Are NFTs the future of virtual horseracing?

  • Updated
  • By Hannah Timoney
Are NFTs the future of virtual horseracing?
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Zed Run, one of the latest cryptotrends in the sports racing world, is taking the industry by storm. The game allows digital horse ownership, racing, trading and even breeding! Unlike virtual horseracing machines you can already enjoy at casinos and bookies in the UK, these digital races don't rely on random number generators for pre-determined race results, but instead let bettors wager using factors like race history and breed type.

The trend relies on NFT technology to establish proof of ownership and ensures that each horse, with its own stats and strengths, is the real deal. The unique token also allows for trading of these digital horses that are, in reality, nothing more that ones and zeroes. But, what is NFT?

NFT stands for Non-Fungible Token, which means that once generated, it is unique and can’t be replaced. Bitcoins on the other hand are Fungible, meaning they can be traded and you’d have the exact same thing. This isn’t the case with these horses, and each one is one-of-a-kind, with unique stats and a race history you can follow just like a real horse.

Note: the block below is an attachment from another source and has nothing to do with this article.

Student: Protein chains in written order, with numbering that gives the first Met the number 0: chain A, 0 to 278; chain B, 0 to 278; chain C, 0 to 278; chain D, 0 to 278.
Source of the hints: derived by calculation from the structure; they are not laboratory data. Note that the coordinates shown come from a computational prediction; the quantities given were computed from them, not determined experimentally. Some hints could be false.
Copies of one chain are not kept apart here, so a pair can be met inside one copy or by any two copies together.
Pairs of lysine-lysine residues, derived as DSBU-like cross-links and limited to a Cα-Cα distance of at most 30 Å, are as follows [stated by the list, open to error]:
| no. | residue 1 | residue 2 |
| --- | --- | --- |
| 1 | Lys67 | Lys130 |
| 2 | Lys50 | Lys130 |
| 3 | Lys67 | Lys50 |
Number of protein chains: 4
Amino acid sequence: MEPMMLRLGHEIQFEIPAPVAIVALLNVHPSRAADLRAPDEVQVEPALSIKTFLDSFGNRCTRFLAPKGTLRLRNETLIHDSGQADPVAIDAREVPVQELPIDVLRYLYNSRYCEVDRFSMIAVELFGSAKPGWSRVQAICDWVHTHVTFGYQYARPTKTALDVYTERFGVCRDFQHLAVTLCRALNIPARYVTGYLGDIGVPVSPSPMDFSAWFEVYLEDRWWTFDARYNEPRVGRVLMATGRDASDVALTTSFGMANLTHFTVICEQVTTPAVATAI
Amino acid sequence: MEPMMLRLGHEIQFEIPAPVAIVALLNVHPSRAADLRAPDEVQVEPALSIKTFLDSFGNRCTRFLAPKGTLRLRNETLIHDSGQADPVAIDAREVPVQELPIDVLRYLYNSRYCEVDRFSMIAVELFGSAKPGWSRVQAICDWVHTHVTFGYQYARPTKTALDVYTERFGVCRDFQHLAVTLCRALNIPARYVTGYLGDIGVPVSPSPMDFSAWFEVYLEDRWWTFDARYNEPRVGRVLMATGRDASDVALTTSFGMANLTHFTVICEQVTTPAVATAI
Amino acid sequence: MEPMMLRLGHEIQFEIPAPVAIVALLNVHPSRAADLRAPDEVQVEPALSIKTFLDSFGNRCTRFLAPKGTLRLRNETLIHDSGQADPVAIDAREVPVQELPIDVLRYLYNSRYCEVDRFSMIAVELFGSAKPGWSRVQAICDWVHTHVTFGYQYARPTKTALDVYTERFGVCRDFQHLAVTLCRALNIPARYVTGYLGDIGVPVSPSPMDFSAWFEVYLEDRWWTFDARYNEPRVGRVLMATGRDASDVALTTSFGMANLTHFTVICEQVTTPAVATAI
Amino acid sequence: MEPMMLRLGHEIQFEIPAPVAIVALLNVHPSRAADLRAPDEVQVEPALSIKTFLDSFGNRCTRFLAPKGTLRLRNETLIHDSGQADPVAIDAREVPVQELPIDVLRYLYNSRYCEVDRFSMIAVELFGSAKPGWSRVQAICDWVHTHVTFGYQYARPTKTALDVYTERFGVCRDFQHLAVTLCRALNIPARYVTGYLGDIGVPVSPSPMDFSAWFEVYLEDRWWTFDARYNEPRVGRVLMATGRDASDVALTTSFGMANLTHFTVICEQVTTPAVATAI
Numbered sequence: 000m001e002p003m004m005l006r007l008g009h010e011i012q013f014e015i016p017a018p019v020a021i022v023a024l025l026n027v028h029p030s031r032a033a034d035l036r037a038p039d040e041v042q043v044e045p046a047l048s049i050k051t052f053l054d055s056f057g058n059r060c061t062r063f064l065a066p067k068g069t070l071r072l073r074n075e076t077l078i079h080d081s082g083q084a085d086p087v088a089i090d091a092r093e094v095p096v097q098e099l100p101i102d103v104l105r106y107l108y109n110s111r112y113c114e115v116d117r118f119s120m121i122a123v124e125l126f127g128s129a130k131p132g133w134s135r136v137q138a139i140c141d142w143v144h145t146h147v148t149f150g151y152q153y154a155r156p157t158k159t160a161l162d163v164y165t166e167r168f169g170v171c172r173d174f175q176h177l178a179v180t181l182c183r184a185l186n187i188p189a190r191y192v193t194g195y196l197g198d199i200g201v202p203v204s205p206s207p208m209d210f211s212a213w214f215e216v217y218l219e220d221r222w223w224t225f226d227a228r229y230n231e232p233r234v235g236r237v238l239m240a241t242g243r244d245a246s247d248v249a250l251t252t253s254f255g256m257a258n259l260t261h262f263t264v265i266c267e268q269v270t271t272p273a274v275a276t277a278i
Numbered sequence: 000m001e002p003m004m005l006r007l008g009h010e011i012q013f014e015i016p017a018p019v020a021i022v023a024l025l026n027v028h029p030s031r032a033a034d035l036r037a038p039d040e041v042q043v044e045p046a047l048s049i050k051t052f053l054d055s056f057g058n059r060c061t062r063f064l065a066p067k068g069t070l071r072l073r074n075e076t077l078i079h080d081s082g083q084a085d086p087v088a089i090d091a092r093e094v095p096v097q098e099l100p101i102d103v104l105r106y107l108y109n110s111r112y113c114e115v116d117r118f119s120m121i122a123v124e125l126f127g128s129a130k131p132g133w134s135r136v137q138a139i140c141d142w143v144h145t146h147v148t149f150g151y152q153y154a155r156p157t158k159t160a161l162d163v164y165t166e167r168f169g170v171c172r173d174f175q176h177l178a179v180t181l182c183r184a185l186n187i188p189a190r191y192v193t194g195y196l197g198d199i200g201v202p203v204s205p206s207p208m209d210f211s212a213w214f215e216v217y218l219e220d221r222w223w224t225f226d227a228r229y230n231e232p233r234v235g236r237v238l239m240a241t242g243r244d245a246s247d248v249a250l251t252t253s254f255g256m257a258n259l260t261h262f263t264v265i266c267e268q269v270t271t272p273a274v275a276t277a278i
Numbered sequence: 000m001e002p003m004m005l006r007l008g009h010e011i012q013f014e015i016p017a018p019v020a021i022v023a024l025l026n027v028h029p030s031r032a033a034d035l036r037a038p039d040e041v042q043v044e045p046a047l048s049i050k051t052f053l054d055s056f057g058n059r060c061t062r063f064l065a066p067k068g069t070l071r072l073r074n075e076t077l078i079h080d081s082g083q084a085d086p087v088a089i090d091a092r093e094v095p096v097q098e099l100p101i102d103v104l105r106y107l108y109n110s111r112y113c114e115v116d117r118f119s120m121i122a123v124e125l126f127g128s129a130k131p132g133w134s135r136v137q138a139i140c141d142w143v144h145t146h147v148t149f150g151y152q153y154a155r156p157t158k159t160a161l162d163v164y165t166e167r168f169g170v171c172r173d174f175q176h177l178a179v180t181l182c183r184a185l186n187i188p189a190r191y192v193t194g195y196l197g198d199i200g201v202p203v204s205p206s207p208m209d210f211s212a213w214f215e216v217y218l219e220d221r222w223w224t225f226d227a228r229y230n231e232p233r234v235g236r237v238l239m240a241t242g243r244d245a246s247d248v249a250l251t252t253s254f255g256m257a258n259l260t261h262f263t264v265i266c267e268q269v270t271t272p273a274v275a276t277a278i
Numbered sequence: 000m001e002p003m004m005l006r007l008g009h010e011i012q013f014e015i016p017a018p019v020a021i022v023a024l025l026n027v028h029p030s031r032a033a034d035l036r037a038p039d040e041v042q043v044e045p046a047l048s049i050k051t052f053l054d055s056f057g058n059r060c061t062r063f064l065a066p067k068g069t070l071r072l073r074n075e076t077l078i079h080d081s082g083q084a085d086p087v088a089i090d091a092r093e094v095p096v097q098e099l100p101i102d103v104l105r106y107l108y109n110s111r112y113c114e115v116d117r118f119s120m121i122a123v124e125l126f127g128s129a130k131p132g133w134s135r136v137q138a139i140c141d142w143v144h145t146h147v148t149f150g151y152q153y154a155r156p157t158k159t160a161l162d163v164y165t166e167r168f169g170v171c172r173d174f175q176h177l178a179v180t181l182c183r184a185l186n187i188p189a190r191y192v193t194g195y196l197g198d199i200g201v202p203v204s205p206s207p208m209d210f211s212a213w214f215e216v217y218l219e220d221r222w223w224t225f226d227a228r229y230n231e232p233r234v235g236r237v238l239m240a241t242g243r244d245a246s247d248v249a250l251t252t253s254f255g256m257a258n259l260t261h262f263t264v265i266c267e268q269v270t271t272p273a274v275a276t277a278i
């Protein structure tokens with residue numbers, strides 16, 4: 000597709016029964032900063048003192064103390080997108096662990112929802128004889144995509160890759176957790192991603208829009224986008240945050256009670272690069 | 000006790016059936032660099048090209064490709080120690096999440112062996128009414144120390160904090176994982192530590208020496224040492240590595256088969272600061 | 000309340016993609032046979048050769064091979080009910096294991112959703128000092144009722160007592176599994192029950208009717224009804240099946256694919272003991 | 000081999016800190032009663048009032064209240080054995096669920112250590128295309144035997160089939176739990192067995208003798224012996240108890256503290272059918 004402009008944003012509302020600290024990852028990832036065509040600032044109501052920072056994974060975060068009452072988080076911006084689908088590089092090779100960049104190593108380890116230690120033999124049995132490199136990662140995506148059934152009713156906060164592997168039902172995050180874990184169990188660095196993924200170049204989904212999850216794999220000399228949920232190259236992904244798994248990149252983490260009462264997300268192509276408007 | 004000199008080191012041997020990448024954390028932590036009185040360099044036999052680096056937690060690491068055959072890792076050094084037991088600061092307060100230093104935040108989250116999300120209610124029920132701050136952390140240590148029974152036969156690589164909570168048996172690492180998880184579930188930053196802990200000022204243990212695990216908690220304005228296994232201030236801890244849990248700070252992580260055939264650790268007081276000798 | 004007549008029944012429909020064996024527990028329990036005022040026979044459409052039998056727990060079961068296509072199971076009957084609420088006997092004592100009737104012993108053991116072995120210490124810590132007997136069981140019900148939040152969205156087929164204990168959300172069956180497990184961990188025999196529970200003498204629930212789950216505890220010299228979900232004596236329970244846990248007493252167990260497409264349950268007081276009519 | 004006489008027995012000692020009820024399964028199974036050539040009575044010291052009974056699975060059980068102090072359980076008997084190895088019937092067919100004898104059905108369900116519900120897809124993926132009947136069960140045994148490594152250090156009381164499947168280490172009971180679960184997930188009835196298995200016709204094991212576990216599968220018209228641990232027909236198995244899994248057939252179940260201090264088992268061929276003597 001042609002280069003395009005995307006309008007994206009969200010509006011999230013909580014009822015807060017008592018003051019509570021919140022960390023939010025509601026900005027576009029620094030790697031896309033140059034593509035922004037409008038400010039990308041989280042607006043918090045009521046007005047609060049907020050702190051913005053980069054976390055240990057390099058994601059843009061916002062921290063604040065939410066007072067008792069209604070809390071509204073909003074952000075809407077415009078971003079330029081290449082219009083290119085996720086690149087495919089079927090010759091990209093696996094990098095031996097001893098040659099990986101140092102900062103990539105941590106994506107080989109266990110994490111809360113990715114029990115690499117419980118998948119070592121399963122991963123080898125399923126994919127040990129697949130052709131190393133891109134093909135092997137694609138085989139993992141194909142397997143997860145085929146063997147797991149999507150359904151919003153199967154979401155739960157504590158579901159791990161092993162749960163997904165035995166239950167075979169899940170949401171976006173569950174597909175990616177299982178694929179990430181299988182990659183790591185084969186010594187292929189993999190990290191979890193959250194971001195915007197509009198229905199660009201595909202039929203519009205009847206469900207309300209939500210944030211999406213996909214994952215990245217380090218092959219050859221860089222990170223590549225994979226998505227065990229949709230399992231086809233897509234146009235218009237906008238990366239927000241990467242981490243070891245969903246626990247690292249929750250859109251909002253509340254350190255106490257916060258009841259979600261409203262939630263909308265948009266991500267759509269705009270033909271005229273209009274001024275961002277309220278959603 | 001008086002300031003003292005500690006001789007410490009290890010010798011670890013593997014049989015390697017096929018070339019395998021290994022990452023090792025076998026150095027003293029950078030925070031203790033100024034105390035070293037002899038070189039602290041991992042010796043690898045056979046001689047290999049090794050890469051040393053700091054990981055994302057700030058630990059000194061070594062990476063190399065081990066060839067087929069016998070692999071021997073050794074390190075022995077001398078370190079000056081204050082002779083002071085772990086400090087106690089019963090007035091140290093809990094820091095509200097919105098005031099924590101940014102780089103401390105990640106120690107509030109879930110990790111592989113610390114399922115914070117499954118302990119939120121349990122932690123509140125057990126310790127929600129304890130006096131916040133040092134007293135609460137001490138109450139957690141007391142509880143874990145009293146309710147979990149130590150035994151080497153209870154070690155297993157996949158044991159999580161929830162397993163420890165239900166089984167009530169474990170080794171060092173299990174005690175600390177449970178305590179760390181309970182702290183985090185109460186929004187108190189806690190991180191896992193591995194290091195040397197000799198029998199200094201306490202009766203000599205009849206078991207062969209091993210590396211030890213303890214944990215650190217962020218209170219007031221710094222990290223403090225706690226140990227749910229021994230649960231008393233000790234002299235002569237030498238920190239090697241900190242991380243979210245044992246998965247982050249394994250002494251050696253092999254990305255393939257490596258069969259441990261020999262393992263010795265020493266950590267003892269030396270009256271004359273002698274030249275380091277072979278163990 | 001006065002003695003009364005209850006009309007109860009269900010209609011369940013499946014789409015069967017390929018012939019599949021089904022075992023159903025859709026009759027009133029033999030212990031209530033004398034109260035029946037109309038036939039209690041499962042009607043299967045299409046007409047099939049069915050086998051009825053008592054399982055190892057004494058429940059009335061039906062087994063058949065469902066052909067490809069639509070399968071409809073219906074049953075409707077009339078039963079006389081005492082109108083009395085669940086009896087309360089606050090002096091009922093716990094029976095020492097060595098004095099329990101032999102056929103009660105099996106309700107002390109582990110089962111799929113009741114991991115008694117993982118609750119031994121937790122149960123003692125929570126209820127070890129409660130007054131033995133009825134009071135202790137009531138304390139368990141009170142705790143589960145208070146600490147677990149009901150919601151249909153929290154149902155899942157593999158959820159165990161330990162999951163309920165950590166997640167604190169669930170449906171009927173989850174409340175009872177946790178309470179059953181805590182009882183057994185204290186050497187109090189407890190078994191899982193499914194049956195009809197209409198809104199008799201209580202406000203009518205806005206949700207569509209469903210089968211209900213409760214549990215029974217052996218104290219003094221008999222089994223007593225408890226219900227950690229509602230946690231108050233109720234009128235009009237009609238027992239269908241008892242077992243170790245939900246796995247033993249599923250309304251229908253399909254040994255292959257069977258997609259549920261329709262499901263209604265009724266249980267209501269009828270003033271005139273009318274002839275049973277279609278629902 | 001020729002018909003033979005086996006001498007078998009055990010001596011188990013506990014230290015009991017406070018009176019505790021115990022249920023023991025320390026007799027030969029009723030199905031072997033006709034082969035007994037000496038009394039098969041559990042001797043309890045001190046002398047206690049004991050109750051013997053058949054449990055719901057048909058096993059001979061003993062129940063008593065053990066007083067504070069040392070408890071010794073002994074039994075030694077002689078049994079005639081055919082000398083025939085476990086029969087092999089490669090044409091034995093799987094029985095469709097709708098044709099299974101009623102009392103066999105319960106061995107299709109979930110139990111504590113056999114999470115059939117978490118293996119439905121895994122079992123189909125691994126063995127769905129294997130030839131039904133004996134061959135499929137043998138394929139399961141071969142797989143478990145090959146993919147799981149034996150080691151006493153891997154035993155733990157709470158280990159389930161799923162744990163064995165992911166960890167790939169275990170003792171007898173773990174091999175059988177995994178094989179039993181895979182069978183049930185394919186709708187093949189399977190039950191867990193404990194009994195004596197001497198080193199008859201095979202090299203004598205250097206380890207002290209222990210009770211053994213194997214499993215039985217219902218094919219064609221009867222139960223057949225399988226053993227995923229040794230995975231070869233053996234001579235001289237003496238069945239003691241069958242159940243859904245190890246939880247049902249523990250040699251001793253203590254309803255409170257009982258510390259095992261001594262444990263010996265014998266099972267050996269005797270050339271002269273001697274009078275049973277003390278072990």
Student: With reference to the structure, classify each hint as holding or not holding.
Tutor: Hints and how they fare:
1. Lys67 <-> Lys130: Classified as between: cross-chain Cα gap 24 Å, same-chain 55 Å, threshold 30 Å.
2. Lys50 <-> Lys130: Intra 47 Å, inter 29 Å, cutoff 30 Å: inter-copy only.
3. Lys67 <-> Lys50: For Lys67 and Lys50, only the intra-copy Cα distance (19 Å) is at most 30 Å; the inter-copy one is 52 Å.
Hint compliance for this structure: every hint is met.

The platform Zed was launched early in 2019 by Virtually Human, an Australian studio, who were selling 4,450 digital horses. They now have nearly 11,000 horses, with another 8,000 bred, spread across 3,600 so-called 'stables'. 

While horses originally sold for an average price of $30, the rarer horses are now regularly selling for more than $15,000 - one even sold for $125,000!

Just like with real horse racing, the horses in this virtual platform are given odds on winning races, based on a number of factors. These include breed types and established blood lines. The odds are hidden from players, but their race history is provided, so players can bet just as they would on real horses at regular bookies or online casinos.

Chris Ebeling, the Virtually Human cofounder has said that weather conditions and track location could even impact results in the future. While this is revolutionary, this isn't the first time horses have gone digital. Last year saw the Grand National take place virtually in support of the NHS.

What’s really exciting is that Zed owners are able to use augmented reality technology to view their horses as if they were really in the room, adding another layer of realism to this digital sport. Fans who like the excitement of horseracing but maybe disagree with the use of animals for sport may find it more comfortable to enjoy the game this way.

So, is this the future of horseracing? Not yet. For now, Ebeling says that Zed isn’t looking to replace real-life horses. “Reality is reality,” he said. “It will always have its place.”

But, this still brings innovation and new excitement to a centuries old hobby, though I doubt the Palio will ever move to the digital and take place virtually. 

 

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